SAN DIEGO COUNTY, Calif. — San Diego Gas and Electric customers are questioning why their recent bills are so high.
SDG&E raised rates January first, but CBS 8 is hearing from people who say the numbers they're seeing aren't making sense.
"Why is there such a disparity? I'm not using it any differently," said Sylvester Raymond of Imperial Beach.
He moved into a two-bedroom condo back in September. Since then, he's seen his SDG&E bills fluctuate quite a bit. That first bill that I got was $234. So, it goes down to like $50, $51 and then it goes right back up this last bill to a hundred dollars," said Raymond.
Raymond's bill initially went down after SDG&E replaced his meter.
But, like many customers we've heard from, it shot back up this past month.
A closer look reveals he's being charged more during times when he's hardly using any electricity at all.
“At 2, 3 in the morning, all the lights are off, nothing is on. I'm the only one here. I live here by myself. I’d spike up to two and three and four and five kilowatt-hours,” said Raymond.
Raymond believes the mistake is on SDG&E.
He's requested they check their lines and transformers, as opposed to his meter, something he says they have yet to do.
"The last conversation I had with them was the last week of December, and true to form they said I'll call you back in a week, and that was a month ago and I haven’t heard anything."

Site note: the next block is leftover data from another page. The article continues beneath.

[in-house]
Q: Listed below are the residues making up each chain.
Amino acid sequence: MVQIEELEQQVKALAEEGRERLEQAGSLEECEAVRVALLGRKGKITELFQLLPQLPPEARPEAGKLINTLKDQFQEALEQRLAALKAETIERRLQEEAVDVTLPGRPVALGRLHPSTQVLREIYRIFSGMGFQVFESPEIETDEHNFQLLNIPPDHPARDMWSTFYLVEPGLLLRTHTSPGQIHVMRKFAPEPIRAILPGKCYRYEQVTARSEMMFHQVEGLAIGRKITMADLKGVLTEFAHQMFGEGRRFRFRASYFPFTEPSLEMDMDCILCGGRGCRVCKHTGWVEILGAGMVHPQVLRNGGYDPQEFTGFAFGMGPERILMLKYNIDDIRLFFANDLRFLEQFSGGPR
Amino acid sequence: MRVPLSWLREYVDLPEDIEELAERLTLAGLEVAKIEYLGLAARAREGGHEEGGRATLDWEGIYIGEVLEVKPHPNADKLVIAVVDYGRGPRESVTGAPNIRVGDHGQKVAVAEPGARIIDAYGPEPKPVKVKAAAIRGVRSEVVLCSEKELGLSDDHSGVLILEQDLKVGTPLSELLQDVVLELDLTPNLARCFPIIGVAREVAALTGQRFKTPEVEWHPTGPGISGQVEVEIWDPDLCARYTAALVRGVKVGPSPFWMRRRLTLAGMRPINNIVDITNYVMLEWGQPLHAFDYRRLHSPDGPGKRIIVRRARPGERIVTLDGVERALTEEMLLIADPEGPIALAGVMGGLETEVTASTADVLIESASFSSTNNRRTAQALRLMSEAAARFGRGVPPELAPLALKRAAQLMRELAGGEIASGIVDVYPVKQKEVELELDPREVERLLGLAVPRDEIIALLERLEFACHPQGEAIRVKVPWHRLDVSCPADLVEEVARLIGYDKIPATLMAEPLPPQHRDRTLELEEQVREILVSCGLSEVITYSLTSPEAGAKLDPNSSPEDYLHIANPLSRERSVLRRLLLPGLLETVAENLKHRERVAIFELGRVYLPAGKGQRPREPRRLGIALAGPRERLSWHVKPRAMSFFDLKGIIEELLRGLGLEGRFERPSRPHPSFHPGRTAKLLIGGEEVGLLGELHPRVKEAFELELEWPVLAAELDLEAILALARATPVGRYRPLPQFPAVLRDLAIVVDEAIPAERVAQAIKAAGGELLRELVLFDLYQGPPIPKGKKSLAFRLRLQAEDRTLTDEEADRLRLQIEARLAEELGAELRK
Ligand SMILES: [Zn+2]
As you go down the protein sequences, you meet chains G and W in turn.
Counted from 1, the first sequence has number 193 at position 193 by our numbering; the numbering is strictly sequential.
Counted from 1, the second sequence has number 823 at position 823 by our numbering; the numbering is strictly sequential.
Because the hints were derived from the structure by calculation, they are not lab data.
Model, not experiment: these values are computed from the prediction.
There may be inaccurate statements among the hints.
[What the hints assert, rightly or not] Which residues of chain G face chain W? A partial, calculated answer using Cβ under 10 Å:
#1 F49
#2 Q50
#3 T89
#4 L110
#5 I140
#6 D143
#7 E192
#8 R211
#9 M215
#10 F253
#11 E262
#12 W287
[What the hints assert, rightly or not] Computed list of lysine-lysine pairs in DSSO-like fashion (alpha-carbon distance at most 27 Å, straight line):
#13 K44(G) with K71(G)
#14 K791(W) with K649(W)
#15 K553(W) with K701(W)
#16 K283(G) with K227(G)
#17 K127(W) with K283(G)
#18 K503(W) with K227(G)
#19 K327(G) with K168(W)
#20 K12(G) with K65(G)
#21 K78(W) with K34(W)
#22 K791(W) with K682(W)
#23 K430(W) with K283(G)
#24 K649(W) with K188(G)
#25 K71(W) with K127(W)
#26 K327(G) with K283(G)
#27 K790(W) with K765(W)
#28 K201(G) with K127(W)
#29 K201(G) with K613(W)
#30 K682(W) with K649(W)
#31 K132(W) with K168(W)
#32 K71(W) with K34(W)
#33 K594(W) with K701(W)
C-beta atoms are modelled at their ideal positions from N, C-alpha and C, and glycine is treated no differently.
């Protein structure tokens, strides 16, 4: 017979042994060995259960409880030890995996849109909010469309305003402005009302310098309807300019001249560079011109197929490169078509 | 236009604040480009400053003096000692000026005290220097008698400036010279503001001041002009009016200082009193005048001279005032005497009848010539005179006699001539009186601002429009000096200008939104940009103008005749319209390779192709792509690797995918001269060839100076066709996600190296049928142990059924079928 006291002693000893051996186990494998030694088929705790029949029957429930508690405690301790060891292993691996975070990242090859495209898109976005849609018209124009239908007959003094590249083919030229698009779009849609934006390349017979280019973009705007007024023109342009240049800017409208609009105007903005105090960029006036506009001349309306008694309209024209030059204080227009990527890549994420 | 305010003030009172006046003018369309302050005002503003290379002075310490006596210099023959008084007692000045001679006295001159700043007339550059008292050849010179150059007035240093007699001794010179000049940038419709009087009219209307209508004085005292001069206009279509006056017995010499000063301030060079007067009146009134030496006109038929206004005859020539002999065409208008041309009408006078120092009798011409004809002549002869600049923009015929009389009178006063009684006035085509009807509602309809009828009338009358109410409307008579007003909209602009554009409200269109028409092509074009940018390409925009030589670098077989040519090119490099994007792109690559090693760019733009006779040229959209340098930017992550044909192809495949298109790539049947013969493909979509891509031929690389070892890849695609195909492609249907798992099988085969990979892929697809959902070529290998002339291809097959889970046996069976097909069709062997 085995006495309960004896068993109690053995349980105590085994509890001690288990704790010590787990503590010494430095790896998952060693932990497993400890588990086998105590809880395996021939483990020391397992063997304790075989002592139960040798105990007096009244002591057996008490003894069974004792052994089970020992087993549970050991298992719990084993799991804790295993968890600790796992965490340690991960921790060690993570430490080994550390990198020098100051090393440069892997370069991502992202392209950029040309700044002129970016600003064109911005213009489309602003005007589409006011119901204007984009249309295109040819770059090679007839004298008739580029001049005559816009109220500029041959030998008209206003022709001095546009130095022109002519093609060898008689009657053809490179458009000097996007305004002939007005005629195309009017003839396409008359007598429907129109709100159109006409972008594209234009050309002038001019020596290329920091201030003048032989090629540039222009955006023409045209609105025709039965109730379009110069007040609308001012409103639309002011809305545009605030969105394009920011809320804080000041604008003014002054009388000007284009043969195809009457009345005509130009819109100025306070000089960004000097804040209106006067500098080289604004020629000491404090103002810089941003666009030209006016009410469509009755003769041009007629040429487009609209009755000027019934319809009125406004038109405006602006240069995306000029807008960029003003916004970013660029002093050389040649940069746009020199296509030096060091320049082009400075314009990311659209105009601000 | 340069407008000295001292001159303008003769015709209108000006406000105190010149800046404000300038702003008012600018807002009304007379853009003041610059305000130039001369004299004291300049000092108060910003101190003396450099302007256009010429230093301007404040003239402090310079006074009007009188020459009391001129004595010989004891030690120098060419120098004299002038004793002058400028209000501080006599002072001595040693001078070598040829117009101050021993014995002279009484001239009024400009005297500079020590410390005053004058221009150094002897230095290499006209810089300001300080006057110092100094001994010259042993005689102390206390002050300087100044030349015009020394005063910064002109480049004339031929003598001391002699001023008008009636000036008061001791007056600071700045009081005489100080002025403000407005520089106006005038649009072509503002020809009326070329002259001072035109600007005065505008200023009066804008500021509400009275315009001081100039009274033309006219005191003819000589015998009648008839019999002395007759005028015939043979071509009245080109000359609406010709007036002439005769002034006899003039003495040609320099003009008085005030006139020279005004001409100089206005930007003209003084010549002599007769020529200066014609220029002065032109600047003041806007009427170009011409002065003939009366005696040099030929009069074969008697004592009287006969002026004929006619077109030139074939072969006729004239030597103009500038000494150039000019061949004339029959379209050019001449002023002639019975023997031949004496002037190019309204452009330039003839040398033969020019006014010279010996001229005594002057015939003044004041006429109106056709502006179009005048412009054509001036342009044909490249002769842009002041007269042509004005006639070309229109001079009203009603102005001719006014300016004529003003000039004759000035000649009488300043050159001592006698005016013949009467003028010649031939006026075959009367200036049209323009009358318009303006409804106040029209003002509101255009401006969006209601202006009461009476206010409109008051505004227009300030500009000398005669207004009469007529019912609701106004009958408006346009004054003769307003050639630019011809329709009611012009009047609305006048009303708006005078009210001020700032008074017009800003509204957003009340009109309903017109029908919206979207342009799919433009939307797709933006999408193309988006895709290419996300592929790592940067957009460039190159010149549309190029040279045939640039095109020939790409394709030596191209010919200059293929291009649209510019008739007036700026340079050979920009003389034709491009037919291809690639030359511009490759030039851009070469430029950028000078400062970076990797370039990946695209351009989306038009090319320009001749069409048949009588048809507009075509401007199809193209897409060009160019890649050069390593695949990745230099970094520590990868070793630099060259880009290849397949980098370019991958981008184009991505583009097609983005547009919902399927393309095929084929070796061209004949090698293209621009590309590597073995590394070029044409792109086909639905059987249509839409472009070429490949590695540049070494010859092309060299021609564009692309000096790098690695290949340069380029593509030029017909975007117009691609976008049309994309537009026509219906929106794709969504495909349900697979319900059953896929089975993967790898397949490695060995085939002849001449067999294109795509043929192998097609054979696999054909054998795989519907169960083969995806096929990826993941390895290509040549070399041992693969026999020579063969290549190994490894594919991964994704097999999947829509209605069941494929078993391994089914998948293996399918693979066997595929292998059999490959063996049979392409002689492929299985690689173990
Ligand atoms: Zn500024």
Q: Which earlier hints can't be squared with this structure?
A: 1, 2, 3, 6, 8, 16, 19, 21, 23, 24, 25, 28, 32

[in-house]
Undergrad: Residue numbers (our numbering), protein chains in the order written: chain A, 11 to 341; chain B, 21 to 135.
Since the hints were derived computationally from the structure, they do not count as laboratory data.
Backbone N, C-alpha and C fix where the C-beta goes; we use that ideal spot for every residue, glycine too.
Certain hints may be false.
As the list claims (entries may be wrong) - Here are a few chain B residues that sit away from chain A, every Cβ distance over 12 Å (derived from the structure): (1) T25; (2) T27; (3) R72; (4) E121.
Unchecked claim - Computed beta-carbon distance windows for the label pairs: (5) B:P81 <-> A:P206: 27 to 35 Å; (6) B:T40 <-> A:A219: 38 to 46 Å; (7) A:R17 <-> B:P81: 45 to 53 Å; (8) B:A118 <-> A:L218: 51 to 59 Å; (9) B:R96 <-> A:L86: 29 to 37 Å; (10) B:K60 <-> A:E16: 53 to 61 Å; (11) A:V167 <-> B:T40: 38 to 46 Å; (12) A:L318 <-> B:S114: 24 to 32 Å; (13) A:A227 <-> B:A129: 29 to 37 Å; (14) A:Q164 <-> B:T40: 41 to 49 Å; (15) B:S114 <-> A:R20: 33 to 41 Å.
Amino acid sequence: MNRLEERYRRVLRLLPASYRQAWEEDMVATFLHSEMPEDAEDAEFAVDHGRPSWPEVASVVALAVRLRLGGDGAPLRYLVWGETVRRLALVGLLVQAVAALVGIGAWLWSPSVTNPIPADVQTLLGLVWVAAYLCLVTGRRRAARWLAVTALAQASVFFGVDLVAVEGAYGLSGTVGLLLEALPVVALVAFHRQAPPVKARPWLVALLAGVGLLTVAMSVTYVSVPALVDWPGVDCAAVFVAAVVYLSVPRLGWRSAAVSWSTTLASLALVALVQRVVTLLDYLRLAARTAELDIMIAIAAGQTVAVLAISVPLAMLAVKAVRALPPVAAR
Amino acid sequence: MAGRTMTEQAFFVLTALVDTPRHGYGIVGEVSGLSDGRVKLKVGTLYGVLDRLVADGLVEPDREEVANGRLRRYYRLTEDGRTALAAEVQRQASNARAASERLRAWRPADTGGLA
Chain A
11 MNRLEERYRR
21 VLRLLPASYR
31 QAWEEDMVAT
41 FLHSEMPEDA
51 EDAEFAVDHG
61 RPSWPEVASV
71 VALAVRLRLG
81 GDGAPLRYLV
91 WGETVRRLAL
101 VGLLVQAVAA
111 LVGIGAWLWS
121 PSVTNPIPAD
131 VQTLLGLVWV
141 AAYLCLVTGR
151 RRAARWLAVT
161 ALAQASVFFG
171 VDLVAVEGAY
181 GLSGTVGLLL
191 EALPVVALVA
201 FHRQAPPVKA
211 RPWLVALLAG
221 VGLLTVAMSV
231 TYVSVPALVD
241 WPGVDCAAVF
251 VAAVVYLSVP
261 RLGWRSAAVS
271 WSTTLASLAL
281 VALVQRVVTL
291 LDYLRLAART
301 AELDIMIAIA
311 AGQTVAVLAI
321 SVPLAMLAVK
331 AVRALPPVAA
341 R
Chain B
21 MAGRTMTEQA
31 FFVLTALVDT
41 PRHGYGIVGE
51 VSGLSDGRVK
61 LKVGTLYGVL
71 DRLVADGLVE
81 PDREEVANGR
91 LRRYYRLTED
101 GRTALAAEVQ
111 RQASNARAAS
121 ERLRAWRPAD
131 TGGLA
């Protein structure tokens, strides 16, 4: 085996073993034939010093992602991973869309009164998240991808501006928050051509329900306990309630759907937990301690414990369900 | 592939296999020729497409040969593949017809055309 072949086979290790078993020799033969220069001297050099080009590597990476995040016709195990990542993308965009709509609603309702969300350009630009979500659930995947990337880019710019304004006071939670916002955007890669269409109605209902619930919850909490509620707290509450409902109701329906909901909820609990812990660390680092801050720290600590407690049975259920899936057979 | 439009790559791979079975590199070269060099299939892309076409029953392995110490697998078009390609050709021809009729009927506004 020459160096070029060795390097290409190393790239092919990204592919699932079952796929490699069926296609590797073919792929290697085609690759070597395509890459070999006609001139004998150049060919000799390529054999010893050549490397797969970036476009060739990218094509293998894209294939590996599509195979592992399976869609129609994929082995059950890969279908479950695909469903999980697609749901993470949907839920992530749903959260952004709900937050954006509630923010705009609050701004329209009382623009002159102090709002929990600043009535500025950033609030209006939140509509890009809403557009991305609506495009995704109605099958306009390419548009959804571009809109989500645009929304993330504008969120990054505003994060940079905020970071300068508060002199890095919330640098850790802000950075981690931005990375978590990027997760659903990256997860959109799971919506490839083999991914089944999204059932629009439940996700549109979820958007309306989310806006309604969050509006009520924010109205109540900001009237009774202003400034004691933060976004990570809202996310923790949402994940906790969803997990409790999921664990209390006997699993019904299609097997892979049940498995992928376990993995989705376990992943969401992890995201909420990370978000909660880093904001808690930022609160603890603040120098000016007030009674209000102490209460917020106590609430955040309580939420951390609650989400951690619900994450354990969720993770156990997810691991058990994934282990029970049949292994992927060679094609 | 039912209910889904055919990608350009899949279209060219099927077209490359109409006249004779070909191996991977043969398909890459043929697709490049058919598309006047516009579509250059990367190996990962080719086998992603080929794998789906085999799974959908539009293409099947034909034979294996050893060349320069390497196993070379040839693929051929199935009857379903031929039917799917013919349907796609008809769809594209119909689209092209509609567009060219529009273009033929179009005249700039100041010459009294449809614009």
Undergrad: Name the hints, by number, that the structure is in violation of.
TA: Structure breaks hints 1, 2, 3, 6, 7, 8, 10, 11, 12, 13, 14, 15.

Raymond is frustrated. He's not alone. Since first airing a story about rates going up, CBS 8 has heard from several viewers.
On Twitter, Mindy said she was on vacation for two weeks in December, but paid double.
CBS 8 employees have also been hit with high bills. This one belongs to our managing editor.
Our managing editor’s latest bill was $249.36. So, what exactly are customers paying for?
Here's a breakdown.
Gas usage is calculated using what are called therms.
Electricity usage is based on kilowatt-hours.
SDG&E says the class average electric rate for residential customers rose 7.8%, from .32 cents per kilowatt-hour to .34.5 cents .
That class average includes customers enrolled in programs for low-income households, so some customers not in those cost cutting programs saw an even bigger jump.
As for natural gas, the average price per therm is $2.38, up from $1.91 a year ago.
The sharp increase is due to a natural gas shortage.
Then, there are added charges and fees.
SDG&E customers pay for ‘Public Purpose Programs,’ which are state-mandated assistance programs for low income customers.
Those programs grew during the pandemic, so charges went up.
There's also a ‘Wildfire Fund Charge’ to support the state's wildfire insurance fund.
That's increased as well.
SDG&E has declined requests to speak on camera, but in a statement said:
"The company is not allowed to set its own rate. Rather, as a regulated utility, we are required to file all rate requests with the California Public Utilities Commission, who conducts a rigorous public review process that involves many stakeholders, including consumer advocates, before approving rates paid by our customers."
Meanwhile, SDG&E says January is the highest usage month of the year so people could see their future bills go down.
Still, if you think there's an actual problem with your bill, give them a call.
WATCH RELATED: San Diego Gas and Electric raises rates; customers experiencing sticker shock (January 2022)